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Wednesday, December 9, 2015

More Views of the World from Trump Tower: New York’s South Bronx Legacy follows thick and fast on Jersey City Juxtaposition


View of London from Trump Tower: Can you find the police no-go areas? Hint: Try using a relativistic space-time drone!

The New York Times reports today that Republican presidential frontrunner Donald Trump has again doubled down after his modestly provocative proposal to ban Muslims from entering the US, with more controversial contentions:

“Paris is no longer the same city it was,” he said, before adding, without citing any evidence: “They have sections in Paris that are radicalized where the police refuse to go there. They’re petrified. The police refuse to go in there. We have places in London and other places that are so radicalized that the police are afraid for their own lives.”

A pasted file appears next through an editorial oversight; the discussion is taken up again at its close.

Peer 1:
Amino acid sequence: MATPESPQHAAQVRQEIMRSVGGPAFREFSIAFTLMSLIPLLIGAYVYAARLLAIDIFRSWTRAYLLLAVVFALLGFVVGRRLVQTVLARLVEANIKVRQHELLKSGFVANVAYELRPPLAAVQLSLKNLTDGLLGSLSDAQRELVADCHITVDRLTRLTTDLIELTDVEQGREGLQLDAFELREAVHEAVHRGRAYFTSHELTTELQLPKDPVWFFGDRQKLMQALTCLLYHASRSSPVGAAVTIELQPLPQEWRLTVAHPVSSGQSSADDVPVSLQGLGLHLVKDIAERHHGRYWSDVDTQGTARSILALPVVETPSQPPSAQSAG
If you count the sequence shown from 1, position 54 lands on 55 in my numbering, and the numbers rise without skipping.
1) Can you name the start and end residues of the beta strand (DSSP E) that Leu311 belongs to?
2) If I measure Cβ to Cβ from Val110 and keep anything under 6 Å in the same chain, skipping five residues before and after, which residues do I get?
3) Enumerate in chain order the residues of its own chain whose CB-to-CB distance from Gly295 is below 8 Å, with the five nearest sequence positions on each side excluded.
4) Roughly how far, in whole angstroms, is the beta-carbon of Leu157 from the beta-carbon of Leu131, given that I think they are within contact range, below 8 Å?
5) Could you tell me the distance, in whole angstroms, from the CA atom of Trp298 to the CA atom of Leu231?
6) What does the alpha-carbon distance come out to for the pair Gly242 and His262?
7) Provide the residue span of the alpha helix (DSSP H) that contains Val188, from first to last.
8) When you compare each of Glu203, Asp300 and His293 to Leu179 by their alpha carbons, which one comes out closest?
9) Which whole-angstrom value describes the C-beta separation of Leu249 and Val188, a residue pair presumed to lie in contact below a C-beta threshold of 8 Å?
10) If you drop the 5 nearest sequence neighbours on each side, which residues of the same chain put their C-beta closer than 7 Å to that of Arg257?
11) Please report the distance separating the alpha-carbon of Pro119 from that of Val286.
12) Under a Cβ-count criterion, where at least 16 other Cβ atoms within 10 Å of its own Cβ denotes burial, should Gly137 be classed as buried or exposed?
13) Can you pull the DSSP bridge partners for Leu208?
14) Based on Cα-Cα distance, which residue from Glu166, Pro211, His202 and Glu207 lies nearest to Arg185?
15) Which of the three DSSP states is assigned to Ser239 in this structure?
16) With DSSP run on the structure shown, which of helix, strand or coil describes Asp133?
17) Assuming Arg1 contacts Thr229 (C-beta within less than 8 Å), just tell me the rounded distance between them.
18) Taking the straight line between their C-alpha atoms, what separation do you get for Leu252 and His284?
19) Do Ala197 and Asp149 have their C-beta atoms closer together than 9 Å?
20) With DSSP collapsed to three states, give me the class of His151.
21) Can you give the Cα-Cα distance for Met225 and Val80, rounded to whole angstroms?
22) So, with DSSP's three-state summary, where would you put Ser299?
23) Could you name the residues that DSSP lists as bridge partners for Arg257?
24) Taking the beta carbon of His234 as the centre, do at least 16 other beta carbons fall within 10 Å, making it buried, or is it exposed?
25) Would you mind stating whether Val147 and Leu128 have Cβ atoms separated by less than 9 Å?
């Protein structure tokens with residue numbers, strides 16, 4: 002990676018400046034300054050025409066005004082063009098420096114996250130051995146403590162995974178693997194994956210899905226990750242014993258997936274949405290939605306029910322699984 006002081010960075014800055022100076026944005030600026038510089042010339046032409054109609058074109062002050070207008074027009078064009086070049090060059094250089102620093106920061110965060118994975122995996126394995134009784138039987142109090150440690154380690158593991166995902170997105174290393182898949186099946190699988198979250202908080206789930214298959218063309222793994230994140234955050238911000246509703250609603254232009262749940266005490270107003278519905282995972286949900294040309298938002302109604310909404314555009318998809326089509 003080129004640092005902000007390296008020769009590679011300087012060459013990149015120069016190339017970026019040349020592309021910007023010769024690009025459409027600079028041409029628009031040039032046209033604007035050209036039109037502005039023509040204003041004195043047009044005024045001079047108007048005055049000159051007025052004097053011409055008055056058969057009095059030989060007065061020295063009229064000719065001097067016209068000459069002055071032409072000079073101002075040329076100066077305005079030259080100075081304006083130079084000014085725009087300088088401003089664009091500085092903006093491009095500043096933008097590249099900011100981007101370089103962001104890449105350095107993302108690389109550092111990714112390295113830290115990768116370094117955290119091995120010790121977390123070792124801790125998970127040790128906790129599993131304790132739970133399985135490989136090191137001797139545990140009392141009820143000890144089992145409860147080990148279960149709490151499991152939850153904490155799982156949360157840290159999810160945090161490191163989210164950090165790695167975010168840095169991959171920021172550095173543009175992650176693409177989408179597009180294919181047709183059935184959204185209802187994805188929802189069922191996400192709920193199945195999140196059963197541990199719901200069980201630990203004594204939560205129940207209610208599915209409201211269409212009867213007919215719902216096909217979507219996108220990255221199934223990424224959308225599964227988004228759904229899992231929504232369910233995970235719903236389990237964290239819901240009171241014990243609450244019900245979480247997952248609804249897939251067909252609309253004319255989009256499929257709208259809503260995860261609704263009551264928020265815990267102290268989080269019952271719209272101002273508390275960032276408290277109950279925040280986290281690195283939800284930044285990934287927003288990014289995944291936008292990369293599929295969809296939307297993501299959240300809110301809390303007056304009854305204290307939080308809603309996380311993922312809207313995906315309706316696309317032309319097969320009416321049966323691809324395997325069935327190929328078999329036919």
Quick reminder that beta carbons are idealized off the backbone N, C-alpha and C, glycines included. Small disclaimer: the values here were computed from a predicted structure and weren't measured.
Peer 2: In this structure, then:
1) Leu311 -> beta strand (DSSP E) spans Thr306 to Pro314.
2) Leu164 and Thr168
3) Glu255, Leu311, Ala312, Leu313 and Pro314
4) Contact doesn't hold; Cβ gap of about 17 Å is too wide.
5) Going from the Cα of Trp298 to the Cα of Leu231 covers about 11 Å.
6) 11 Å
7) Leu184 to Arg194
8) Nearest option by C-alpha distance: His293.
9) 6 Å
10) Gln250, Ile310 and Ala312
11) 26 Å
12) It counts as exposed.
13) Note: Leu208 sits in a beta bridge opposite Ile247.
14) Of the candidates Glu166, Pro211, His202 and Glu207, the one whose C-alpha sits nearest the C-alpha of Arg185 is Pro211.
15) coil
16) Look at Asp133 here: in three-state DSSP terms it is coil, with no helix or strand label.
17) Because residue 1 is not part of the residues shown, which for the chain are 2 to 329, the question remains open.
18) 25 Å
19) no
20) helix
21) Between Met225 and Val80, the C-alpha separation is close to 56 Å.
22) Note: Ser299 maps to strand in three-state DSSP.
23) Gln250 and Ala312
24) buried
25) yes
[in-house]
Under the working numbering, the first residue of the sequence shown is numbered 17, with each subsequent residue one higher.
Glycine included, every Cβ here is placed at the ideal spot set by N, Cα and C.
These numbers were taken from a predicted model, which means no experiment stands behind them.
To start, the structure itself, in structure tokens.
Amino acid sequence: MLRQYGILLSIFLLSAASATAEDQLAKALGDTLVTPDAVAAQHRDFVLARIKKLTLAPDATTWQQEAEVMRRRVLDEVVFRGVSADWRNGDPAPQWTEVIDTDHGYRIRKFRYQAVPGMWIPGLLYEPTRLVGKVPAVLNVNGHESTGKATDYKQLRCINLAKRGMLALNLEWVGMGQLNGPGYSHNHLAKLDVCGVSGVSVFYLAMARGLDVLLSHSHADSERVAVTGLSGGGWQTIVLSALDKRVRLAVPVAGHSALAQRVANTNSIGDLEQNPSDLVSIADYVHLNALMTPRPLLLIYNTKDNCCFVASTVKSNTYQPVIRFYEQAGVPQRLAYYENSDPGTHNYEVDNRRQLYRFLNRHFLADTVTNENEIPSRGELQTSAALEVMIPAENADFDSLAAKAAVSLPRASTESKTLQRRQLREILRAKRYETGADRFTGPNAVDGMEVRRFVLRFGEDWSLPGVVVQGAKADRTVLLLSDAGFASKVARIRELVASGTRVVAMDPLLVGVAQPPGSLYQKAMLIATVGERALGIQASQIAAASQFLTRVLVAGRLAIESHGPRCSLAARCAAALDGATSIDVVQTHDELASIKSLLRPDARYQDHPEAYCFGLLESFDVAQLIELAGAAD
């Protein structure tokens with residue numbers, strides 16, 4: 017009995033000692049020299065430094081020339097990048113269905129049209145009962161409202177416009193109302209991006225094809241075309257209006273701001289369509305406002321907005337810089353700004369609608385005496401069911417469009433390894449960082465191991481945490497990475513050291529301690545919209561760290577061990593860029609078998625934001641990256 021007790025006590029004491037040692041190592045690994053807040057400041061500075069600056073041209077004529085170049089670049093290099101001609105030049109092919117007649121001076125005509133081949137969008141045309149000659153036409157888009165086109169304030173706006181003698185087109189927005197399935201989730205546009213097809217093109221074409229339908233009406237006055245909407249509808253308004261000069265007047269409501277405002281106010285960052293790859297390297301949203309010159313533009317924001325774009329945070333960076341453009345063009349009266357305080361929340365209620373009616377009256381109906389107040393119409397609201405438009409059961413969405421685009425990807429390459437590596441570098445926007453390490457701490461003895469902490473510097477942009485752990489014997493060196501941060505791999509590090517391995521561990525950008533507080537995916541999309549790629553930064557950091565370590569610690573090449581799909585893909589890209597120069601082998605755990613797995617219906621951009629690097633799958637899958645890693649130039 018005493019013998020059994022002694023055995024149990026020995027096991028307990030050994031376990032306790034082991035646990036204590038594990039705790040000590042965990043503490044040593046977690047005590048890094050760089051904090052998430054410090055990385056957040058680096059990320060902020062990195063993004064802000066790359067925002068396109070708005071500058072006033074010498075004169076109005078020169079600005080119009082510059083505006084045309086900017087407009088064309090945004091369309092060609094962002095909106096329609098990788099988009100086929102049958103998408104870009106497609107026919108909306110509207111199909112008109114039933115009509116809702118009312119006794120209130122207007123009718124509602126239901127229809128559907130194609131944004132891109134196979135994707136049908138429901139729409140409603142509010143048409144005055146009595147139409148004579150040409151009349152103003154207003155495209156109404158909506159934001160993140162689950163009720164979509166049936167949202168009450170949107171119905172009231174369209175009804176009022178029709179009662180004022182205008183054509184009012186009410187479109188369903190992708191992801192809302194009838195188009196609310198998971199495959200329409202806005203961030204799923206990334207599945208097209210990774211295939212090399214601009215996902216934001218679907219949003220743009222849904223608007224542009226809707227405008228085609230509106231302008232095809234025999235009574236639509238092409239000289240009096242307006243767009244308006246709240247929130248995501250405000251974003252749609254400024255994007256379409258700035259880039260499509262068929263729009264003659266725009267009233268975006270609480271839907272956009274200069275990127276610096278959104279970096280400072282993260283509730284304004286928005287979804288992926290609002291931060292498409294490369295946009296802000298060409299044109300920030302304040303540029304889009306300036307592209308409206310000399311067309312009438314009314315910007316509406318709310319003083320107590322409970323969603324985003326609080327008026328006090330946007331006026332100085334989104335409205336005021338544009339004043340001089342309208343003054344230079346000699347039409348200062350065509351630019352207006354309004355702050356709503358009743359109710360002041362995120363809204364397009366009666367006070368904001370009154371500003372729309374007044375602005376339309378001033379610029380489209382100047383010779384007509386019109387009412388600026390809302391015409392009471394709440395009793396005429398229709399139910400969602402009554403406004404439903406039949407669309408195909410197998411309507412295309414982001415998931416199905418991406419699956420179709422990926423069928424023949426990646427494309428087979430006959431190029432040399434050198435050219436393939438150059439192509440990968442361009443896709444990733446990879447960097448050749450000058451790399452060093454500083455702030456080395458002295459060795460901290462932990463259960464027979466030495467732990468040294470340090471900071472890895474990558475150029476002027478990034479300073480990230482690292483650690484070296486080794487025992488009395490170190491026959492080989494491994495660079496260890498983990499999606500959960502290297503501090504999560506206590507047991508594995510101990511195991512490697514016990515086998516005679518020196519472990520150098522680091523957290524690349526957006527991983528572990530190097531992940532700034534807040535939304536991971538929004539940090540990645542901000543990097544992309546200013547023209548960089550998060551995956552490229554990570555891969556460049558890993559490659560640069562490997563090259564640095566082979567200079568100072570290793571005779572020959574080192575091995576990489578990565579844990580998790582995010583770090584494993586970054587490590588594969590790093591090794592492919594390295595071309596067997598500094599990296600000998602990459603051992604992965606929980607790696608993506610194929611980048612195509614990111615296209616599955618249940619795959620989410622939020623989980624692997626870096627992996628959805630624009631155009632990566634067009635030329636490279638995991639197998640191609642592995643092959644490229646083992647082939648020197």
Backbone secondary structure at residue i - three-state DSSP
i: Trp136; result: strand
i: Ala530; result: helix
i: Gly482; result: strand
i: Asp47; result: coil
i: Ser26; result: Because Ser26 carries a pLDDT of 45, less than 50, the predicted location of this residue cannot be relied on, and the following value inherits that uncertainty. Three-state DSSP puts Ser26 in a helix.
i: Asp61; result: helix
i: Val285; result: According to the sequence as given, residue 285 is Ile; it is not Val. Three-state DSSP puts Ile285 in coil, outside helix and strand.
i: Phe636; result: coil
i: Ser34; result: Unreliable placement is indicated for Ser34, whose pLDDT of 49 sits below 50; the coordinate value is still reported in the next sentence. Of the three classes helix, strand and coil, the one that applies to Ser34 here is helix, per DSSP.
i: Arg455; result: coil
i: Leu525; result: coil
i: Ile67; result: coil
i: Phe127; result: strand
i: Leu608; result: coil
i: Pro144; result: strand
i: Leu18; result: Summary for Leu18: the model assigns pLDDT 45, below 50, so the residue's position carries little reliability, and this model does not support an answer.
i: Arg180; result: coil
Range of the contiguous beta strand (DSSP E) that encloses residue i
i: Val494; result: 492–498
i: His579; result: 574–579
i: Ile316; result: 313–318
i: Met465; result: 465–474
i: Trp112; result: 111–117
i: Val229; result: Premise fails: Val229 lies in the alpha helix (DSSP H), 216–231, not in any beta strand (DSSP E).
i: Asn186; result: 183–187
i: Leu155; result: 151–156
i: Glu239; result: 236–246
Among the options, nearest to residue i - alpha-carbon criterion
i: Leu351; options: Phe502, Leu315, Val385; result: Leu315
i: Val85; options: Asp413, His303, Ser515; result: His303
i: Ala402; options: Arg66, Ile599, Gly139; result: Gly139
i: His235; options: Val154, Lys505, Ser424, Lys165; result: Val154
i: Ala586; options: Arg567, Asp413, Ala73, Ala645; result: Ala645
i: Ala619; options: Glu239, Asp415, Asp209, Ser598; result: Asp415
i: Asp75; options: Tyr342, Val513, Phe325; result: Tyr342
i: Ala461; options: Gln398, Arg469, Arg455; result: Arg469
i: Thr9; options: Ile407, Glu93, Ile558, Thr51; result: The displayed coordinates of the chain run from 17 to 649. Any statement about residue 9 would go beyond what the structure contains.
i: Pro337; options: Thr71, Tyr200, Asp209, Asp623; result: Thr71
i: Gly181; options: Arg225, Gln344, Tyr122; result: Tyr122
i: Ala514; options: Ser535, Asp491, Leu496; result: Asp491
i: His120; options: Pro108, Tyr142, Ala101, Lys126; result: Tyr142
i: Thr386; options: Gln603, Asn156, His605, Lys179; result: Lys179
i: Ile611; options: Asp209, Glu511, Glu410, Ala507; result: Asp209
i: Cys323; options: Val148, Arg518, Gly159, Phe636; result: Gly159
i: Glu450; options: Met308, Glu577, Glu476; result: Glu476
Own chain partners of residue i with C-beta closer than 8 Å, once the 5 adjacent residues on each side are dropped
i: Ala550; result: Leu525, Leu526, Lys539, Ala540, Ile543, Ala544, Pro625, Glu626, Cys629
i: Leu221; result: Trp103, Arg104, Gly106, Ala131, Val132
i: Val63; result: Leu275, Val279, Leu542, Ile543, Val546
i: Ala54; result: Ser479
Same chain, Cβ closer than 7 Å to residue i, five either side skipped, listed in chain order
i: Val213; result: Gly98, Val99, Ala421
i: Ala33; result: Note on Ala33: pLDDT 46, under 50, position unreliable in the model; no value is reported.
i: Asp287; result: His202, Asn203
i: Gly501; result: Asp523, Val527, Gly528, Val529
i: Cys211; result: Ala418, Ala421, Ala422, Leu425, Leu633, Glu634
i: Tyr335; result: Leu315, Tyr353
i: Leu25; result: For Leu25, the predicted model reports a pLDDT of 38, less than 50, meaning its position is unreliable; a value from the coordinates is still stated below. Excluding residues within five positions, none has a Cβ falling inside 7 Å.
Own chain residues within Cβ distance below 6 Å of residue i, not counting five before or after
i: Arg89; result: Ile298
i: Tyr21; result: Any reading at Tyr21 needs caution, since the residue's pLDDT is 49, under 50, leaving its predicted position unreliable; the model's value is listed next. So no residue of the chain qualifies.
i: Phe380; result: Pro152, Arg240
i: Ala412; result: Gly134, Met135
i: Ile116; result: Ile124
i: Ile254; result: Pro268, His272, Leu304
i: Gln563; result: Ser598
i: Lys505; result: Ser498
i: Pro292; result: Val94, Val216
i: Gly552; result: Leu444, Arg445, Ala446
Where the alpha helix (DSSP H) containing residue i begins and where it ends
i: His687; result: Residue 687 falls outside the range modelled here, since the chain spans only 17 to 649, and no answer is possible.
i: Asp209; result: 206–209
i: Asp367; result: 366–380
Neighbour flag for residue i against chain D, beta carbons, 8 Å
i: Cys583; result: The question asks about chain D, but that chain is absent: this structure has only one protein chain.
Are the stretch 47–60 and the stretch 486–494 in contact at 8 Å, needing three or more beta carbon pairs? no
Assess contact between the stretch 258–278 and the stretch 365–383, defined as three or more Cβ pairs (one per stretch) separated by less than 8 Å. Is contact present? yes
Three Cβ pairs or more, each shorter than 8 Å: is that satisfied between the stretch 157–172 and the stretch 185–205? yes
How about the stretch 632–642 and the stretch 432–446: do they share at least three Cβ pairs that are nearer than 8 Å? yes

Mr. Trump’s statement about Paris has no basis in fact: There are no districts there or outside Paris where the police have said they are unwilling to go. The mayor of London, Boris Johnson, meanwhile, said that Mr. Trump’s claim about his city was “complete and utter nonsense.” Saying crime was falling in London and New York, he added: “The only reason I wouldn’t go to some parts of New York is the real risk of meeting Donald Trump.”

Is The Donald once again confusing distant geographical locations and historical periods with places closer to home, such as the South Bronx and the Lower East Side during his formative years in the 1970s? This time he cannot plead diminished responsibility due to his Alliterative Memory Disorder.

Lower East Side burning garbage

South Bronx FireWas New York’s Lower East Side during the 1970s the police no-go area Donald Trump actually had in mind (left)? Or the South Bronx, where firemen were routinely greeted with bricks and garbage (right)? (Photographs: New York Daily News Archive/Getty Images, Alain Le Garsmeur/Getty Images, both via The Guardian)